Monday December 16, 2019

EPA Rejects Key Legal Challenge of Pesticide Linked to Brain Damage in Children

The EPA said it also was talking with chlorpyrifos makers about further restrictions on how farmers use the pesticide

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pesticide, brain damage
Wild blueberries await harvesting in Fairfax, Virginia, July 10, 2019. (Photo by Diaa Bekheet). The EPA is rejecting legal challenges by environmental groups seeking a ban of a pesticide linked to brain damage in children. VOA

The Environmental Protection Agency rejected a key legal challenge Thursday to a pesticide linked to brain damage in children, saying environmental groups had failed to prove that a ban was warranted.

The agency’s defense of continued use of the widely used bug-killer chlorpyrifos could set the stage for a pivotal federal court decision on whether to overrule the EPA and force the agency to ban it. “To me, this starts the clock on the use of chlorpyrifos on food crops in the US,” said former senior EPA attorney Kevin Minoli.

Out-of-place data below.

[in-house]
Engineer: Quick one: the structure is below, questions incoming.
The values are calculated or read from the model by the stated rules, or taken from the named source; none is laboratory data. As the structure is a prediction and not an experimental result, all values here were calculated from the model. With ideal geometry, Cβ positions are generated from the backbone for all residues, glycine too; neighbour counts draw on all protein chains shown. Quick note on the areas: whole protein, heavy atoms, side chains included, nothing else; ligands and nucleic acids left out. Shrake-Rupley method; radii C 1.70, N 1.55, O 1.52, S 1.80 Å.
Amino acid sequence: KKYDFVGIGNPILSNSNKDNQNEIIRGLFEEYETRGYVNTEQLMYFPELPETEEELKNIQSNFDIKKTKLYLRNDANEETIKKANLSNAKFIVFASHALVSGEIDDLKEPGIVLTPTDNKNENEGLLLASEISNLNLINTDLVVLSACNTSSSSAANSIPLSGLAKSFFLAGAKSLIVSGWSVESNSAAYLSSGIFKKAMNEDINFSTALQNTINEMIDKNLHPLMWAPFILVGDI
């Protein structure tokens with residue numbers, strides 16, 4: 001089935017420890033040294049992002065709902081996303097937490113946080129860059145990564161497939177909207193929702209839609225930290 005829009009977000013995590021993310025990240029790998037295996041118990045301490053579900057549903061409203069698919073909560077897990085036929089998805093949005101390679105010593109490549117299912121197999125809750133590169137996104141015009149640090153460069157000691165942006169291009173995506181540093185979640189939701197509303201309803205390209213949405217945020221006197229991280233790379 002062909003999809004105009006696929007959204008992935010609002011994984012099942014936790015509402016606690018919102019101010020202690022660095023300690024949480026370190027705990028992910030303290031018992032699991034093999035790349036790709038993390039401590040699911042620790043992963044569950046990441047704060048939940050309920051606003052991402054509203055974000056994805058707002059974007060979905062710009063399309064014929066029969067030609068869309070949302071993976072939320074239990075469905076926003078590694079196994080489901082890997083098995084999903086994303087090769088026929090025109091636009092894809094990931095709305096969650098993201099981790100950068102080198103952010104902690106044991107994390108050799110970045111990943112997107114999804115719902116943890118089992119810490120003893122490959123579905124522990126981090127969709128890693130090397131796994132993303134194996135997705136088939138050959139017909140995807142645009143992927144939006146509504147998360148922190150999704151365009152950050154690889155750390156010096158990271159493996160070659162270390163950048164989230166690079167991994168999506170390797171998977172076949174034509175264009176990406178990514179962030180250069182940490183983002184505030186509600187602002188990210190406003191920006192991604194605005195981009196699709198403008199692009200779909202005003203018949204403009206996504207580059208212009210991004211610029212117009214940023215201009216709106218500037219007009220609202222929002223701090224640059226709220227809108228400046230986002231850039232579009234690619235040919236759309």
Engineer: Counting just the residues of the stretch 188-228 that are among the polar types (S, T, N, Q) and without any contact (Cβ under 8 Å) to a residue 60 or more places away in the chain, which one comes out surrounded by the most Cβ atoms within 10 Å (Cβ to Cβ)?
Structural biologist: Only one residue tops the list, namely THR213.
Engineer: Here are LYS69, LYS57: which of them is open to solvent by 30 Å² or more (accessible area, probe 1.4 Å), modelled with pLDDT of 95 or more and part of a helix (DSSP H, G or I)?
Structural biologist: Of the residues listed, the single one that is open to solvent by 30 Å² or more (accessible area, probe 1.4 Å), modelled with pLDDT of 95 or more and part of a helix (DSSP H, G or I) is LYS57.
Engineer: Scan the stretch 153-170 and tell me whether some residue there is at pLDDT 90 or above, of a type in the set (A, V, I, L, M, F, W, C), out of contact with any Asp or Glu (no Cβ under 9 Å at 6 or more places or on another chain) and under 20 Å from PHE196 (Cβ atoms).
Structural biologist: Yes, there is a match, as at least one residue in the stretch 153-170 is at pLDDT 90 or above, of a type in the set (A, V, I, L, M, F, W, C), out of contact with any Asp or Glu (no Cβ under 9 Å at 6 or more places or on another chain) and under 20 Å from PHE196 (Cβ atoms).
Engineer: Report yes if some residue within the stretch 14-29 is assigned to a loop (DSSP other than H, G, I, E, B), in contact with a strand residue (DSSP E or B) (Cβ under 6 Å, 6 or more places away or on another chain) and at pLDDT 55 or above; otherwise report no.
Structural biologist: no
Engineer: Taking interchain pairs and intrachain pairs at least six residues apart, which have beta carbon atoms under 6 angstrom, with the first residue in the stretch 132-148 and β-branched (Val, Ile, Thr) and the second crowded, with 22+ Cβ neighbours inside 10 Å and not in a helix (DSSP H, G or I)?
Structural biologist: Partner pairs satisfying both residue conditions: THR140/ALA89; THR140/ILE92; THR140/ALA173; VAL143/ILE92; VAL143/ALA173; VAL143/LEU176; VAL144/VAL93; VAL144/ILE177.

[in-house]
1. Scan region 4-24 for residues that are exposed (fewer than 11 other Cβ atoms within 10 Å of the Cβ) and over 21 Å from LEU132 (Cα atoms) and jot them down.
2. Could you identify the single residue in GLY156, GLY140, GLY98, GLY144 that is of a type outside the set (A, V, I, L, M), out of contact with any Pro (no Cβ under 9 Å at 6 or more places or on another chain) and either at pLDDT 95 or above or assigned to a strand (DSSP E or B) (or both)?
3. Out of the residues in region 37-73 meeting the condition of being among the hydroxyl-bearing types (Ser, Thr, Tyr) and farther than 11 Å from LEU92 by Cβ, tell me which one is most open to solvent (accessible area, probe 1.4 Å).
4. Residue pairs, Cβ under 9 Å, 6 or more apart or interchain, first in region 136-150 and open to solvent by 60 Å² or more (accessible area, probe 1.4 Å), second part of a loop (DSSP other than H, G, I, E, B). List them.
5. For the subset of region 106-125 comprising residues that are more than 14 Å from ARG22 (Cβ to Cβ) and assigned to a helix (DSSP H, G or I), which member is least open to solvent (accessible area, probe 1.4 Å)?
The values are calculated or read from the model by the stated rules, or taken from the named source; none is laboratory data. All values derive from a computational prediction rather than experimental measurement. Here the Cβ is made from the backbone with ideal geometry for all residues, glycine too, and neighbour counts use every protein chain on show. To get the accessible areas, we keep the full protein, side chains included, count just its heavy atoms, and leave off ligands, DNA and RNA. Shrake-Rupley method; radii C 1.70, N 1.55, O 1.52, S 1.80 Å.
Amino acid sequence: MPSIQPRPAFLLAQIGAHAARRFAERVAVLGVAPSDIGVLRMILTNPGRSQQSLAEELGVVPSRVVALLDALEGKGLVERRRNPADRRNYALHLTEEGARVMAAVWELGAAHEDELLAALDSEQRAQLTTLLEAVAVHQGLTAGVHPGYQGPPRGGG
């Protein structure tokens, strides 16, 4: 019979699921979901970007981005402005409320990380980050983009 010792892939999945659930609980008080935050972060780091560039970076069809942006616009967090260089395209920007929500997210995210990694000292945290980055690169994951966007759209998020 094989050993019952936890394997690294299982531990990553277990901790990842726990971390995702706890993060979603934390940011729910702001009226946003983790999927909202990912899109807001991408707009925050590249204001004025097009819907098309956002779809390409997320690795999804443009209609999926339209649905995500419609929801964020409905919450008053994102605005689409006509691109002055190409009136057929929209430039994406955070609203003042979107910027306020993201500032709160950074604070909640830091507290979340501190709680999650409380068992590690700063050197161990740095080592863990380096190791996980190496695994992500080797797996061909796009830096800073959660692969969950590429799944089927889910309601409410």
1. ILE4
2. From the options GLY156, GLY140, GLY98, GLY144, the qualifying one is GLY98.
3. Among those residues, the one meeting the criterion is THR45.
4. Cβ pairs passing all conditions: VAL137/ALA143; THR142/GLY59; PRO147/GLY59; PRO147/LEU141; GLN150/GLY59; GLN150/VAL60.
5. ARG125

Scientists say studies have shown that chlorpyrifos damages the brains of fetuses and children. The pesticide has been used nationally on dozens of food crops, but California — the nation’s largest agricultural state — and a handful of other states have recently moved to ban it. The agency said the environmental groups had failed to prove that the pesticide wasn’t safe.

Last summer, a three-judge panel of the 9th Circuit Court of Appeals ordered the EPA to ban all sales of the pesticide. The court decided to reconsider that ruling with a slate of 11 judges, who gave the EPA until this month to respond to the environmental groups’ arguments for banning chlorpyrifos.

brain damage, pesticide
The EPA said it also was talking with chlorpyrifos makers about further restrictions on how farmers use the pesticide. Pixabay

The EPA under the Obama administration had initiated a ban, but the agency reversed that decision shortly after President Donald Trump took office.